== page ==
Why Your Vehicle’s Wireless Technology Stays Stalled In The Past


Harold Feld is Public Knowledge’s Senior Vice President. Practicing law at the intersection of tech, broadband and media policy.

The auto industry stands at a crossroads: adopt a new wireless standard for collision avoidance and other types of vehicle-to-vehicle and vehicle-to-infrastructure communications called C-V2X (cellular vehicle-to-everything) or continue to fight against the Federal Communications Commission’s (FCC) 2020 order mandating the phaseout of the old standard after 20 years of market refusal to adopt the proposal. Congress even included money in the bipartisan infrastructure package passed last year to induce the auto industry to stop fighting the FCC. You’d think this would make moving on and embracing the future (and the money) a no-brainer for the auto industry.

Unfortunately, for the auto industry, the Department of Transportation (DOT) seems determined to keep on fighting. The current chair of the House Committee on Transportation and Infrastructure, Peter DeFazio, likewise seems determined to make this a fight over the FCC’s jurisdiction (and expand his own committee’s jurisdiction over the spectrum). Federal regulators with their own agendas need to slam on the brakes and allow the auto industry to move forward with C-V2X rather than stay stuck in reverse.

DSRC: The Standard That Stalled

In the 1990s, the auto industry promised that if the FCC allocated spectrum for “intelligent transportation systems,” they would create a wireless network enabling cars to talk to each other to avoid collisions, receive real-time updates on traffic and road conditions and, perhaps, one day even drive themselves. Nudged by Congress and the DOT, the FCC in 1999 allocated 75 MHz of spectrum at about 5.9 GHz (5.850 to 5.925 GHz). In 2003, the FCC blessed the auto industry’s chosen standard: direct short-range communications, or DSRC.

Then, nothing much happened with DSRC for the next 15 years. Constant auto industry squabbling created a massive traffic jam on the road to DSRC deployment. Meanwhile, wireless technology outside of DSRC went into high gear. Auto manufacturers put mobile cellular connections and Wi-Fi in cars. Apps like Waze now provide real-time traffic updates. Anticollision technologies and self-driving cars adopted different technologies, leaving DSRC in the dust. Even attempts by the DOT to goose adoption by trying to mandate DSRC for all new vehicles failed to jumpstart deployment. By 2020, DSRC deployment amounted to just a handful of state-funded pilot programs.

Not surprisingly, the FCC decided to pull the plug on DSRC in 2020 and replace it with the much more efficient C-V2X. This efficiency allowed the FCC to reclaim 45 MHz from the original 1999 allocation. After all, today’s wireless connections can carry thousands of times more data than when the auto industry adopted DSRC. The 45 MHz of reallocated spectrum went to rural wireless internet service providers to close the digital divide and next-generation Wi-Fi to support multiple streaming devices and smart homes, as well as other “unlicensed spectrum” uses to benefit consumers.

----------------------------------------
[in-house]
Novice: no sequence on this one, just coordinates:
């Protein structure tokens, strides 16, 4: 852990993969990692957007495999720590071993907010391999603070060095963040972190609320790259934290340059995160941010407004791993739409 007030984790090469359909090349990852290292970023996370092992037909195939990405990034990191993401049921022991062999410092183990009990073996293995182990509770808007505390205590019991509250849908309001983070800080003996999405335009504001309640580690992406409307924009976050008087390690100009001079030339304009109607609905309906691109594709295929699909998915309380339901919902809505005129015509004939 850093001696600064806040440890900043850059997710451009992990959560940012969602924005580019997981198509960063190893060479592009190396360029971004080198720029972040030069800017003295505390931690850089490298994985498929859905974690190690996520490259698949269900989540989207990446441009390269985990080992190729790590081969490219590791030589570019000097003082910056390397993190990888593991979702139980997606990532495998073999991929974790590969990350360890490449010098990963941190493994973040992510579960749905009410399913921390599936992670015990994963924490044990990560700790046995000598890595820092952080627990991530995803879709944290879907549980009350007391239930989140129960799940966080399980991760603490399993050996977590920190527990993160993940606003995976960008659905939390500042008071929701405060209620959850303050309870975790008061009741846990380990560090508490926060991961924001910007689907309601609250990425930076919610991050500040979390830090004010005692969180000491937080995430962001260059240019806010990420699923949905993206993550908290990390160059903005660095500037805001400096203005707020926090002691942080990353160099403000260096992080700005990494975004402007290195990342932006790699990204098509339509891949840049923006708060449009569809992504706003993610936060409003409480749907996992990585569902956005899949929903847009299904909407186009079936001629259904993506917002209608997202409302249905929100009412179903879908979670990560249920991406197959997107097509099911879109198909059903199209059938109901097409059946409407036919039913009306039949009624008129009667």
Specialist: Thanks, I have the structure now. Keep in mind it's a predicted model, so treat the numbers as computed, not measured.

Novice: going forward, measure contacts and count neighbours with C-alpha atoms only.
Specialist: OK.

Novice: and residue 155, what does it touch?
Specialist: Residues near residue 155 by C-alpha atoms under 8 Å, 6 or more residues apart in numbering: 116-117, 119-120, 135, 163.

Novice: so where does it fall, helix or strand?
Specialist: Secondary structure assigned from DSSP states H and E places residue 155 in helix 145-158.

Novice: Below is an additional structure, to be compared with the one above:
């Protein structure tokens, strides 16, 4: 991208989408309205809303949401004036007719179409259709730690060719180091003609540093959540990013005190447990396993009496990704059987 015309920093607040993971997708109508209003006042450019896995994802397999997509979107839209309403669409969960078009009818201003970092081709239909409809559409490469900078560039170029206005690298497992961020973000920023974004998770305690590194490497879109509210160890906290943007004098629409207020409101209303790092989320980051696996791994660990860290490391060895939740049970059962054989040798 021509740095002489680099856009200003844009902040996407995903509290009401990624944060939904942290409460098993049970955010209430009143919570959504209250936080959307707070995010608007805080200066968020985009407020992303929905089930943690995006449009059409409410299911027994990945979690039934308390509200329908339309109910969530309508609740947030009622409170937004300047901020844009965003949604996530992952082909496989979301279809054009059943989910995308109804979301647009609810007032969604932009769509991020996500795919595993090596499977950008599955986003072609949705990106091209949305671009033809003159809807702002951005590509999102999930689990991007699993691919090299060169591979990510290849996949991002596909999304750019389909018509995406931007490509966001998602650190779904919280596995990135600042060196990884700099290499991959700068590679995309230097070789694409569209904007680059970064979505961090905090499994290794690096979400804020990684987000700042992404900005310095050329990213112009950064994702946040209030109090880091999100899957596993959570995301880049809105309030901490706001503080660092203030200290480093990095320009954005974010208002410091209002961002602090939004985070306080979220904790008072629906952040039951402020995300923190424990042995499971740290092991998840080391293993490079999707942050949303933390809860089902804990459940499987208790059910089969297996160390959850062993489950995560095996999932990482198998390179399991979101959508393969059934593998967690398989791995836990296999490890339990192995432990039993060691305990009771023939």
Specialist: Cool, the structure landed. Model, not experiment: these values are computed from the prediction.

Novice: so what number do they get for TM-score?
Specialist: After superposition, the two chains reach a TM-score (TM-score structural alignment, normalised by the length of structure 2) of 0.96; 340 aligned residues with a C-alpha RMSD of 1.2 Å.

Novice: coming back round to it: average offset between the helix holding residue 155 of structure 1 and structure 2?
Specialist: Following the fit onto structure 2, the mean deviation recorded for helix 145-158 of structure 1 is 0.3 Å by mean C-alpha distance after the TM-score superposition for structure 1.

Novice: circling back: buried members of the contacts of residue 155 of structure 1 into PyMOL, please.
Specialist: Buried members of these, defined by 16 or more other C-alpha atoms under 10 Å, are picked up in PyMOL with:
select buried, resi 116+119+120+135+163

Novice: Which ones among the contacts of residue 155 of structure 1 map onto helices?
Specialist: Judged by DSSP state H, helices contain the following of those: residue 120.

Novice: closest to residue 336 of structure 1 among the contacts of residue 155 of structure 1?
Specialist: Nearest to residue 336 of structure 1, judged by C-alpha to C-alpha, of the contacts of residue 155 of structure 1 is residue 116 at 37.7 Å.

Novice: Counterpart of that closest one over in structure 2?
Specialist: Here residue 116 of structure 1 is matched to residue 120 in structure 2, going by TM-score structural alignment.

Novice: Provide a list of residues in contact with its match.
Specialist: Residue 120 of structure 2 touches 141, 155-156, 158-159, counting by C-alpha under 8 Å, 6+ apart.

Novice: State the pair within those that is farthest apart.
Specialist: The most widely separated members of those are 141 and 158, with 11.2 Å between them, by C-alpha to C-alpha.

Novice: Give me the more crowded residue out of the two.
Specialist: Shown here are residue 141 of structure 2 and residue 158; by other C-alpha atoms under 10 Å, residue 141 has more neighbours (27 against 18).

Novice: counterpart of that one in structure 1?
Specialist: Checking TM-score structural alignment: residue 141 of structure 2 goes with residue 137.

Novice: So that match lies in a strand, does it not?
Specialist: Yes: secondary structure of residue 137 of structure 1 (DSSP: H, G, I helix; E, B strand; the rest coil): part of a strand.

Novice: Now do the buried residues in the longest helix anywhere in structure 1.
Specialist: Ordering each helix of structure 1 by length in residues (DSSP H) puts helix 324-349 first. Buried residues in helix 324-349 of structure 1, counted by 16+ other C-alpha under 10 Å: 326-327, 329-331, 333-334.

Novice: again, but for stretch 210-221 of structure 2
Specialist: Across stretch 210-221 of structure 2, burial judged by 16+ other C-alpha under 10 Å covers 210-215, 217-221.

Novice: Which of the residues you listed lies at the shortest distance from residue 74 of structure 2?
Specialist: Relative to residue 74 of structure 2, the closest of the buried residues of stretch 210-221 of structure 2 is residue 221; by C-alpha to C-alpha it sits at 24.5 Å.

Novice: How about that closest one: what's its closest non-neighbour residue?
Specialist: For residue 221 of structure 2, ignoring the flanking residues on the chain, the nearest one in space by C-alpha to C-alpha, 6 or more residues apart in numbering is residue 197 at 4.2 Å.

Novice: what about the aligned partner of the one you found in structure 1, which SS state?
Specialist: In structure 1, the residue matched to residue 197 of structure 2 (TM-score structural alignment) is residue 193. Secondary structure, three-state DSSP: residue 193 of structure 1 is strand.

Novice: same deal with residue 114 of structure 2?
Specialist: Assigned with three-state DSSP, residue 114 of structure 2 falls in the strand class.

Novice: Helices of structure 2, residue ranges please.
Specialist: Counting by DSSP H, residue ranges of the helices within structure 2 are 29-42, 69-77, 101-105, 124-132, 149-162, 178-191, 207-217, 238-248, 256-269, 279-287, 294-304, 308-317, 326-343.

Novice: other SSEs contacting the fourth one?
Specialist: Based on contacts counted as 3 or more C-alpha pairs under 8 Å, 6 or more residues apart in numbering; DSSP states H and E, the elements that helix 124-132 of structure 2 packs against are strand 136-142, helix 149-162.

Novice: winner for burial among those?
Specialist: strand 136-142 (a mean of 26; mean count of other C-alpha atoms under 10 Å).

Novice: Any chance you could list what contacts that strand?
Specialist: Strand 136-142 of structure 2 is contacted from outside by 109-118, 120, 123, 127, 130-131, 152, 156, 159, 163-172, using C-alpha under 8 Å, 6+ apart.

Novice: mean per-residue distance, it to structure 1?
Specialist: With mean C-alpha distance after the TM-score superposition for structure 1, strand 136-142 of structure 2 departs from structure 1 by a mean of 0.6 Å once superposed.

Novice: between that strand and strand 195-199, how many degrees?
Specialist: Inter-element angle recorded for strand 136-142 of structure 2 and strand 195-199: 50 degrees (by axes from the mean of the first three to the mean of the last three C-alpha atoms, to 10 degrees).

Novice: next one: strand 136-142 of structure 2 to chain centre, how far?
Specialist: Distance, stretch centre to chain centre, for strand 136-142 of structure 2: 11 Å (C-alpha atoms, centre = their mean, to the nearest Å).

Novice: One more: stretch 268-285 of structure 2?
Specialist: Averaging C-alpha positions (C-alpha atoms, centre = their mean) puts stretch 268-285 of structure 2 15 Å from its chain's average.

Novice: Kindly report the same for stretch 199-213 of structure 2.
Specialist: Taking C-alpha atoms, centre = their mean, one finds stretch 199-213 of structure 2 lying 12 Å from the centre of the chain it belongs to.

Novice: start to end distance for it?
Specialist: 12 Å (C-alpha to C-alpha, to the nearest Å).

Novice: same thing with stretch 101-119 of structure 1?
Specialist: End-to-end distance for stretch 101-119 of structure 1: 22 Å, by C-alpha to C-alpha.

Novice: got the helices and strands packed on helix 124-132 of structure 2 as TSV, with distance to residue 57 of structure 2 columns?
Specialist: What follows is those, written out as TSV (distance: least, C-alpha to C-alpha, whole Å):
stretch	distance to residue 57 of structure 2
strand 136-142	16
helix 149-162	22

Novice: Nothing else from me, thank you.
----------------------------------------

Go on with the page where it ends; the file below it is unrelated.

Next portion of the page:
Because the reclaimed part of the band sits between two major unlicensed spectrum bands (one at 5.8 GHz and the other at 6 GHz), reclaiming this 45 MHz promises to have huge public interest benefits, such as telemedicine and other high-bandwidth services. This comes without compromising the future use of the band for auto safety (assuming the auto industry can deploy the technology this time around).

Congress created incentives for the auto industry to give up on DSRC (and the 45 MHz the FCC reclaimed) as part of the bipartisan infrastructure package mentioned earlier. Parties may apply for grants to retrofit DSRC systems into C-V2X systems, provided the “retrofitted technology operates only within the existing spectrum allocations for connected vehicles.” In other words, the auto industry can get their investment in DSRC fully refunded if they just stop fighting the future.

Federal Turf Fights May Keep C-V2X Stalled, Too

C-V2X has promise. For example, Congress allocated money for pilot programs using C-V2X to enhance fuel efficiency by making traffic patterns more efficient. C-V2X is based on 5G technology, so the remaining 30 MHz can support data, voice and video.

Unfortunately, it appears that even if the auto industry is ready to move on, the DOT is revving up to keep fighting. Last year, the DOT announced it would conduct studies on C-V2X under the new FCC rules. But rather than study how to optimize C-V2X with the allocated 30 MHz of spectrum, the study encourages participants to find that 30 MHz won’t be enough, that Wi-Fi in neighboring bands will cause harmful interference and that unless the FCC reallocates the lower 45 MHz back to the auto industry, the “safety band” will fail.

DOT officials haven’t waited for the testing to conclude before repeating these claims in interviews—even hosting a video with these claims on an official DOT website. Meanwhile, Chair DeFazio made it clear at a recent hearing that he still wants to reverse the FCC’s 5.9 GHz decision and insert his committee into the spectrum management process.

Nothing indicates that the auto industry wants to carry on this fight (as demonstrated by the lack of any quotes from automobile manufacturers in this article). But the auto industry can’t embrace C-V2X technology as long as the DOT continues to insist that it must have all 75 MHz of spectrum allocated in 1999, no matter how much more efficient C-V2X is compared to DSRC.

The federal turf fight by the DOT and the House Committee on Transportation and Infrastructure now forms the biggest roadblock to actually using the “safety band.” Until the DOT stops trying to reverse the FCC’s decision, C-V2X will remain as stalled as DSRC was.


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